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Weather is beautiful; wish they would call
September 17, 2012 - Rob Weaver
Nearly 10 years have passed since the federal do-not-call registry was launched. That’s plenty of time for telemarketers to adapt to the change.
And they have.
Some have switched to direct-mail marketing, email and website advertisements. Anyone with an email address can attest to unsubscribing from sales pitches. And those who surf the web must learn to ignore those annoying, animated ads for lower mortgage rates.
But the consumers aren’t the only ones using computers. Some telemarketers have deployed them to make “robocalls.” According to a story by The Associated Press, that’s one reason for a sharp increase in complaints to the government about unwanted phone solicitations.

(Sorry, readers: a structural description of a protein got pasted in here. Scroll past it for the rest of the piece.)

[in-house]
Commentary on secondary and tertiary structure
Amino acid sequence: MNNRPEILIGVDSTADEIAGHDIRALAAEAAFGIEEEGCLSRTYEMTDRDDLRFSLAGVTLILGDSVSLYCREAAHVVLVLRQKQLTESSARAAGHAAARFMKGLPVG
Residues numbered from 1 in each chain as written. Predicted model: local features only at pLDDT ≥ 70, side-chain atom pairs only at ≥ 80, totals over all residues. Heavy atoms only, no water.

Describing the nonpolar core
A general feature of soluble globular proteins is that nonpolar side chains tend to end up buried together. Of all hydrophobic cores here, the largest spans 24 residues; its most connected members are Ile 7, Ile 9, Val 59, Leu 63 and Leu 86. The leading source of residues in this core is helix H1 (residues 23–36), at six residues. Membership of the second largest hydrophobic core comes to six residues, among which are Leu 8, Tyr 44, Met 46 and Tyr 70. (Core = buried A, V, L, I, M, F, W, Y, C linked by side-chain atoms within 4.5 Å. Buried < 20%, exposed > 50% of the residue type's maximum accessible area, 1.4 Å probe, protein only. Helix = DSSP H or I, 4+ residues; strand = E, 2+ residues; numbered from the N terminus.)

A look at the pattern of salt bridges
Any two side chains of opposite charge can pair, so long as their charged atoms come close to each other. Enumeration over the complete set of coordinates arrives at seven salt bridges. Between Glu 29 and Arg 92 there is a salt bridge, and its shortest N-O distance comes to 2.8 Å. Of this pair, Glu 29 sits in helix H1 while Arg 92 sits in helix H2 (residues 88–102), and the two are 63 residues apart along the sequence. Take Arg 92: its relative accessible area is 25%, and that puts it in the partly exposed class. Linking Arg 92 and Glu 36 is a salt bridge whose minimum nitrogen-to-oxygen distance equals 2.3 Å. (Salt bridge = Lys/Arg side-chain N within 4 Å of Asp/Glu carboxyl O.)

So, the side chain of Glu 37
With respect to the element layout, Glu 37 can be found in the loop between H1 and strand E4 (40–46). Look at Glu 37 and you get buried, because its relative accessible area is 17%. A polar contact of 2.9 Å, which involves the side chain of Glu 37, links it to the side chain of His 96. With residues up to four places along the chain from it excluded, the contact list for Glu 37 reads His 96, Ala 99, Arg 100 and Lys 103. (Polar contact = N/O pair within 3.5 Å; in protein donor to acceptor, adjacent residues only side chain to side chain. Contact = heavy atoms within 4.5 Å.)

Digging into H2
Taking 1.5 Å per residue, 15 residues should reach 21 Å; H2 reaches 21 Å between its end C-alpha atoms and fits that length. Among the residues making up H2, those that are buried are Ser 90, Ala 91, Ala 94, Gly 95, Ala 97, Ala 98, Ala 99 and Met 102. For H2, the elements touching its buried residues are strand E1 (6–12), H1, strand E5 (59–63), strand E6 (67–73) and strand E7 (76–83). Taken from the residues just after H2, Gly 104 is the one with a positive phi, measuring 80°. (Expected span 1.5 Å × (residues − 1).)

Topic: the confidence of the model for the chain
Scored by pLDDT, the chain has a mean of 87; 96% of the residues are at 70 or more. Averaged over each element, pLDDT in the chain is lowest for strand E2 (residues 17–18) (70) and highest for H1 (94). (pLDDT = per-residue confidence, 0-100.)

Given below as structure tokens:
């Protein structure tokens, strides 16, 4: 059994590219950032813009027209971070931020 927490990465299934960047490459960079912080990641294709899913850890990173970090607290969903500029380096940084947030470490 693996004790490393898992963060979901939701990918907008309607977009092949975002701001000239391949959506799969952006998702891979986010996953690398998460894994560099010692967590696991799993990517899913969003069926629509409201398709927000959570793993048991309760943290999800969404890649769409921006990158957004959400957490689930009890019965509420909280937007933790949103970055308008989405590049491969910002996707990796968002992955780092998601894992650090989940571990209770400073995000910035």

“The biggest category of complaint: those annoying prerecorded pitches called robocalls that hawk everything from lower credit card interest rates to new windows for your home,” the AP reports. “Government figures show monthly robocall complaints have climbed from about 65,000 in October 2010 to more than 212,000 this April.”
Oddly -- and thankfully -- I’m haven’t been receiving those calls on my cell (my wife and I dropped our landline months ago). But I periodically get a pair of them via my desk phone at work.
One solicitation is for a cruise. Following an inordinately long pause after answering the phone, I am greeted by the blast of a steamship horn. The other call is for consolidating my “corporate” lines of credit.
I have to admit, there are days when it is tempting to take advantage of both offers and just sail away. Readers will know if that ever happens -- my farewell blog will include a postcard from the Caribbean.
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